In many ways and at every turn we see and experience brokenness and pain – in ourselves, in our brothers and sisters, in our family, among our children or siblings, in our neighborhood, communities and nations. Brokenness can come from unexpected turns of events: sickness, disappointment, loss of loved one, betrayal, a relationship that has soured etc. The experience of brokenness is not common to our generation; it has always been there from the time our first parents set their feet in this world, for brokenness is part of the consequences of Original Sin. The experience of brokenness is such a part of human life that Igbo people in Nigeria believe that the first cry of a child when she is born is “Uwaa! Uwaa!! Uwaa!!!” which means “This world! this world!! this world!!!”, literally translating. In the midst of the brokenness and pain we all experience and see around us, hope always rises and points to a future where healing and peace are possible experiences. It is an intrinsic aspect of our Judeo-Christian history that God is able to work through our brokenness and bring about new life of peace and justice.

The prophet Jeremiah lived through a period of national humiliation in exile to Babylon. Judah was completely broken and shamed. Children of Israel were reeling in pain and disillusionment. But through the wreckages of brokenness and pain, Jeremiah saw the future of Judah and Israel filled with God’s glory, for God would fulfill his promises: “See, the days are coming, says the Lord, when I am going to fulfill the promise I made to the House of Israel and the House of Judah” (Jer. 33:14). It is a promise of renewal, transformation, and healing. What God promised to do in Israel and Judah was only a foretaste of what he was going to do for the whole world and for all peoples. Hence the prophecy continues: “In those days and at that time, I will make a virtuous Branch grow for David, who shall practice honesty and integrity in the land. In those days Judah shall be saved and Israel dwell in confidence. And this is the name the city will be called: Yahweh-our-integrity” (Jer. 33:15-16). Remember that when Solomon’s son, Rehoboam, rose to power around 930BC, Israel was split into two: the Kingdom of Israel in the North with Samaria as the capital, and the Kingdom of Judah in the South, with Jerusalem as the capital. Even the schism was a great brokenness inflicted on the very soul of Israel. God, however was doing something new, something that would, in time reverberate throughout the whole world.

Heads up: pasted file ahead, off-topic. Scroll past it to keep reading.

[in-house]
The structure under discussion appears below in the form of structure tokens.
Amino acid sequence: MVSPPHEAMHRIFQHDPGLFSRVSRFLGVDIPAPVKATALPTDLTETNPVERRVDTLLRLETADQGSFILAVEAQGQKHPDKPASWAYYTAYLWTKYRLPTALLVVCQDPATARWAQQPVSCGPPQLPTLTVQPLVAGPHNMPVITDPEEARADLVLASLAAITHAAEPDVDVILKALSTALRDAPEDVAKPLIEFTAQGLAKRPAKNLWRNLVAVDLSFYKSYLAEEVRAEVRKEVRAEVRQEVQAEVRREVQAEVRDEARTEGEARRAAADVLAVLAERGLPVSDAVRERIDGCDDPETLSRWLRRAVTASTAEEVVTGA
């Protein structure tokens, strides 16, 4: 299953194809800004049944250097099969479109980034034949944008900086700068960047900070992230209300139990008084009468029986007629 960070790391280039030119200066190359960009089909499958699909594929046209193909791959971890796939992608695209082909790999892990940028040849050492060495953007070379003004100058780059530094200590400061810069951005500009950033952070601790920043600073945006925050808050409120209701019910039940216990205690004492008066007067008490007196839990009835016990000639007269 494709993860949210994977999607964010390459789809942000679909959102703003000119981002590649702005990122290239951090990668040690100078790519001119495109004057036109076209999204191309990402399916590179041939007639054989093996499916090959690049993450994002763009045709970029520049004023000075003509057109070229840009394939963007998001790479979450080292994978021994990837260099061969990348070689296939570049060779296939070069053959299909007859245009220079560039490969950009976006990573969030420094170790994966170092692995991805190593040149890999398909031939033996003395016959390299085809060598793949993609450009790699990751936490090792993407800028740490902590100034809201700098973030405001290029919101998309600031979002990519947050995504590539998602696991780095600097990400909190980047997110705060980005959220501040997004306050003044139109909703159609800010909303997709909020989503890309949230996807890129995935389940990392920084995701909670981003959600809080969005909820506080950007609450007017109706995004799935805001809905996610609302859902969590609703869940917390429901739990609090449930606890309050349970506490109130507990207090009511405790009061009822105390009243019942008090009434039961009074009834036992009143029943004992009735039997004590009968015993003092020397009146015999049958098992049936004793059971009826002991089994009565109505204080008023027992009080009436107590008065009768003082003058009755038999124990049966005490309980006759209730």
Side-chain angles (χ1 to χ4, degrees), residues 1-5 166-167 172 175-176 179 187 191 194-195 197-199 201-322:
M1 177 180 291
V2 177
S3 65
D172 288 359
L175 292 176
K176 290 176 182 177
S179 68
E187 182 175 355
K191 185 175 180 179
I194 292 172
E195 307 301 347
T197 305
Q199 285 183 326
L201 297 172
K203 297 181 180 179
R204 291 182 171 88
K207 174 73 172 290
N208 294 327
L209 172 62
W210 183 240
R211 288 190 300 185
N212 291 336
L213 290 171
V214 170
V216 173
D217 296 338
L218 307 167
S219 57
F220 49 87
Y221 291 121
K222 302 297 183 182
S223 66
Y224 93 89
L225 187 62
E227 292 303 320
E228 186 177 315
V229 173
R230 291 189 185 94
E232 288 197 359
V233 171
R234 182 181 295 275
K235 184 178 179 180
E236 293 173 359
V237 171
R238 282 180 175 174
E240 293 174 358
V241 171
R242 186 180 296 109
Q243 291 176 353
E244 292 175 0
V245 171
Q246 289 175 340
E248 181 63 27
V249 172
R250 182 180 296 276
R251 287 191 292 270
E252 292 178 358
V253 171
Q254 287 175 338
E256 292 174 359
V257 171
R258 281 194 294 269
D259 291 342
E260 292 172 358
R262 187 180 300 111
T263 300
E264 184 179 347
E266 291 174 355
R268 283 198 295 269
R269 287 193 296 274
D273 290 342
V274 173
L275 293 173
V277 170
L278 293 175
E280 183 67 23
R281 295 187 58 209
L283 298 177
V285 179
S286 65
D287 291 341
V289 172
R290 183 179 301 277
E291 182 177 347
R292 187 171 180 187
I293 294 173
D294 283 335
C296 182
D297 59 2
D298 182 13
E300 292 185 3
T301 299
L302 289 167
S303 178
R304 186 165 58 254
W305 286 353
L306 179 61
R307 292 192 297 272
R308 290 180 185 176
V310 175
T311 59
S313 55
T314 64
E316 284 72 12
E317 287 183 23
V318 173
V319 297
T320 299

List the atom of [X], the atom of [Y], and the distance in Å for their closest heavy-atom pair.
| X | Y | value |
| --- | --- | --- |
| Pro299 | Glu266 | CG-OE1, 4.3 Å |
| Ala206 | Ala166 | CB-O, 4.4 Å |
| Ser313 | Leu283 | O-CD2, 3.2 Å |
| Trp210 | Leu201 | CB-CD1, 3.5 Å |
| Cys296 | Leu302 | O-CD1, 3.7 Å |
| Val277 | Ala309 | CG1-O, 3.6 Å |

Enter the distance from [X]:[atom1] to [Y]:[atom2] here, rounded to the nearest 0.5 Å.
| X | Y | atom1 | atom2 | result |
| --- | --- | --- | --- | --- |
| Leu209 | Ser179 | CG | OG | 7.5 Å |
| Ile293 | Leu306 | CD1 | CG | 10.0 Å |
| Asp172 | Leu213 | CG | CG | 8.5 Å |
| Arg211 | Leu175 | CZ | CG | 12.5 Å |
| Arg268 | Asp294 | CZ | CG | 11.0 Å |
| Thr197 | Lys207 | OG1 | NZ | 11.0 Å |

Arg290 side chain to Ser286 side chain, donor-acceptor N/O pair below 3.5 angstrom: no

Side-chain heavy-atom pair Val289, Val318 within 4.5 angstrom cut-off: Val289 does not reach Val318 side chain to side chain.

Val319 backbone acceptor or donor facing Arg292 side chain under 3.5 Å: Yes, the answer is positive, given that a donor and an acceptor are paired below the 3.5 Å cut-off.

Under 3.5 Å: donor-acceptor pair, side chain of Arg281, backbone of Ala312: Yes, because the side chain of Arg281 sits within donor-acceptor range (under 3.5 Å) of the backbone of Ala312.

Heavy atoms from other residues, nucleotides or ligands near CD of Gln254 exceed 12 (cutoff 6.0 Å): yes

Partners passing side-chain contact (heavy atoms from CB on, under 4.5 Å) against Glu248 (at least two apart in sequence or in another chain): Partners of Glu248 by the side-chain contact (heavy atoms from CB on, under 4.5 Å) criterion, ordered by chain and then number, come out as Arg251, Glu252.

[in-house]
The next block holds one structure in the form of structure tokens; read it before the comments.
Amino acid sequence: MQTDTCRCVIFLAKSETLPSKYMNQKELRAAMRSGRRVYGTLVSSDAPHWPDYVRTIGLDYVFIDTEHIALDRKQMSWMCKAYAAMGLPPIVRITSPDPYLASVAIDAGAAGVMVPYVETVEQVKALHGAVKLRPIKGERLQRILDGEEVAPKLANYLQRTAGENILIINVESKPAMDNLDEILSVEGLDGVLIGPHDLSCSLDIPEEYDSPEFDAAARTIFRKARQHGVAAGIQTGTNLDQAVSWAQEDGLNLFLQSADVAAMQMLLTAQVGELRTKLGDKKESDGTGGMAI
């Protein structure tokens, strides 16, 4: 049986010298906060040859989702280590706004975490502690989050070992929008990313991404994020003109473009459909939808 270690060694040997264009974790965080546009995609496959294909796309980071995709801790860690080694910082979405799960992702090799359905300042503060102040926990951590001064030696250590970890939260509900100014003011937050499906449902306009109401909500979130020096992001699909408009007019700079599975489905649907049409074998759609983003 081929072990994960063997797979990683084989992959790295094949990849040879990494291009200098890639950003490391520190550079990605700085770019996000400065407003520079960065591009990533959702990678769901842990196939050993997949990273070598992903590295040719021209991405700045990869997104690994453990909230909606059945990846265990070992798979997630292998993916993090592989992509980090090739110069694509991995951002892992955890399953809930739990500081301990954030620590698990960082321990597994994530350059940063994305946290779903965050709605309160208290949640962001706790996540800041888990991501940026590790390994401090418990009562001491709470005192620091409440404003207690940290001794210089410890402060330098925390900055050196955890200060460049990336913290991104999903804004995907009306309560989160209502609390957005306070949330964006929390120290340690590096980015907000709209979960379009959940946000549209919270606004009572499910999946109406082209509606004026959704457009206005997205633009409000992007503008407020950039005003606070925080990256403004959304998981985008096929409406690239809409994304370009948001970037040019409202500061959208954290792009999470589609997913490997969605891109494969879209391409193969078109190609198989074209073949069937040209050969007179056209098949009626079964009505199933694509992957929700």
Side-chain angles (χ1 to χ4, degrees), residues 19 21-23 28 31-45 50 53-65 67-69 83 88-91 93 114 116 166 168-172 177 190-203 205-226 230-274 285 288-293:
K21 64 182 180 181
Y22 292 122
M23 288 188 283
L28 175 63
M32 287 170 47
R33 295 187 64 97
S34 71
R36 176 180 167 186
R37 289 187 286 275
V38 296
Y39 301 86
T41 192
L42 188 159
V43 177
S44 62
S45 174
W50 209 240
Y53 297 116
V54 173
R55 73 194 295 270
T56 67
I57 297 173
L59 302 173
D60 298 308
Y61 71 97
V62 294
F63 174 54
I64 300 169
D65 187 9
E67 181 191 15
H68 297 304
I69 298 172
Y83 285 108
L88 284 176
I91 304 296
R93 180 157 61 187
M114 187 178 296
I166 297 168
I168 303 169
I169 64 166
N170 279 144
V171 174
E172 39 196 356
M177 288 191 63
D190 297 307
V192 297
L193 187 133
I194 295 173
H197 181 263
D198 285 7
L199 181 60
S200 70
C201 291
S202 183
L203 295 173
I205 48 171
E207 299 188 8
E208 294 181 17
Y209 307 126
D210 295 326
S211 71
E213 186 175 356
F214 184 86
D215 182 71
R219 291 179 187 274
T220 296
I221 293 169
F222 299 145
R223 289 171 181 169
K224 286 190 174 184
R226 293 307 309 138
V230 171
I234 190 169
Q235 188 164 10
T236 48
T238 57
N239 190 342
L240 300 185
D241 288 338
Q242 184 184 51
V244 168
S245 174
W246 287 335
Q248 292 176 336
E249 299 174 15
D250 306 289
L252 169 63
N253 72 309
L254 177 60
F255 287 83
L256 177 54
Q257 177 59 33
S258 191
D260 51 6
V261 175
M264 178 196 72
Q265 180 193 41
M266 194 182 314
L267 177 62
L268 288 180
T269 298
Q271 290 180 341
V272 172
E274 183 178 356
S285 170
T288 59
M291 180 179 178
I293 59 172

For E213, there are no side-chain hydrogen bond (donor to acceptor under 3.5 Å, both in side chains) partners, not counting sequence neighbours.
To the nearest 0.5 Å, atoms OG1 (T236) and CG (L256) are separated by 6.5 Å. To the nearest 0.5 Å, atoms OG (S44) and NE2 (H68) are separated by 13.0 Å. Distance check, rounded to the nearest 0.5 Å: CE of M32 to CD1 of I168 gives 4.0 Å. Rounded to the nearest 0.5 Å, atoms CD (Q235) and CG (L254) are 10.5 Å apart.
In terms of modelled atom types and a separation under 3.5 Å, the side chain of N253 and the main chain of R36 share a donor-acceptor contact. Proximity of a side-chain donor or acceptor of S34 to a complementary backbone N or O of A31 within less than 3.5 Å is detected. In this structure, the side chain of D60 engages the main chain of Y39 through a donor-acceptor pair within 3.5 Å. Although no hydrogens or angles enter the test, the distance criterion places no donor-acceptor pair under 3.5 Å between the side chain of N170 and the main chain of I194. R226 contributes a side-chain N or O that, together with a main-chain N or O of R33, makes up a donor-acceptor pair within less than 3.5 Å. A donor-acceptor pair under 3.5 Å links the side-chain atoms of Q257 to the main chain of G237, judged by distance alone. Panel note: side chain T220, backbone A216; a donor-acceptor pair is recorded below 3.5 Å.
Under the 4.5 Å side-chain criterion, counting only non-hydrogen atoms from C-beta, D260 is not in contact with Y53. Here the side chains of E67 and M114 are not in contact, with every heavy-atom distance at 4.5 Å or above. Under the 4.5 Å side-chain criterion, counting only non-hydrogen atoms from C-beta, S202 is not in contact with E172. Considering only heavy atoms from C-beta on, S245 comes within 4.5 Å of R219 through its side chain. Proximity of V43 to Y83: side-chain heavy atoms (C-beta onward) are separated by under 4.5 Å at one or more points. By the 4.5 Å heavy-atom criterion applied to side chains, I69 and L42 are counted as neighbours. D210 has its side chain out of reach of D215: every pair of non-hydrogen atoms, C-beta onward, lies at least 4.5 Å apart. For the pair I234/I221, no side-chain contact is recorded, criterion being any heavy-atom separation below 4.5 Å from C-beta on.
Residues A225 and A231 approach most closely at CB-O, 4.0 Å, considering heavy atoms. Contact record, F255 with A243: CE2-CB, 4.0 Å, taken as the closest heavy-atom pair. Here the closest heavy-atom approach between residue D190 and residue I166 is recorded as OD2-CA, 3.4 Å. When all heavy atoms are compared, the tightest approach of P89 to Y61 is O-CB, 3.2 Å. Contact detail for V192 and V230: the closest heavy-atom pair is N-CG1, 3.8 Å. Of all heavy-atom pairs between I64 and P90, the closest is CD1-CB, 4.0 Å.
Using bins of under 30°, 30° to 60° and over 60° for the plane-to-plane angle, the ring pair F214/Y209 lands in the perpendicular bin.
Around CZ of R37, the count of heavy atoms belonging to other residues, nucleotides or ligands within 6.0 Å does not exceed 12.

That healing and peace that God would do, came in the person of Jesus Christ. Every day, every moment in our lives and in our world, God is bringing about healing to our brokenness and pain. But, often we do not see it because we are lost in the everyday activities, which is why Jesus cautioned us not to let our hearts become drowsy from carousing and drunkenness and the anxieties of daily life (Luke 21:34). We should wake up from the sleep of everydayness and see and receive the healing and salvation that God constantly extends to us. It is to this hope that this First Sunday of Advent invites each one of us.

May this hope live in you every day of your life. Amen.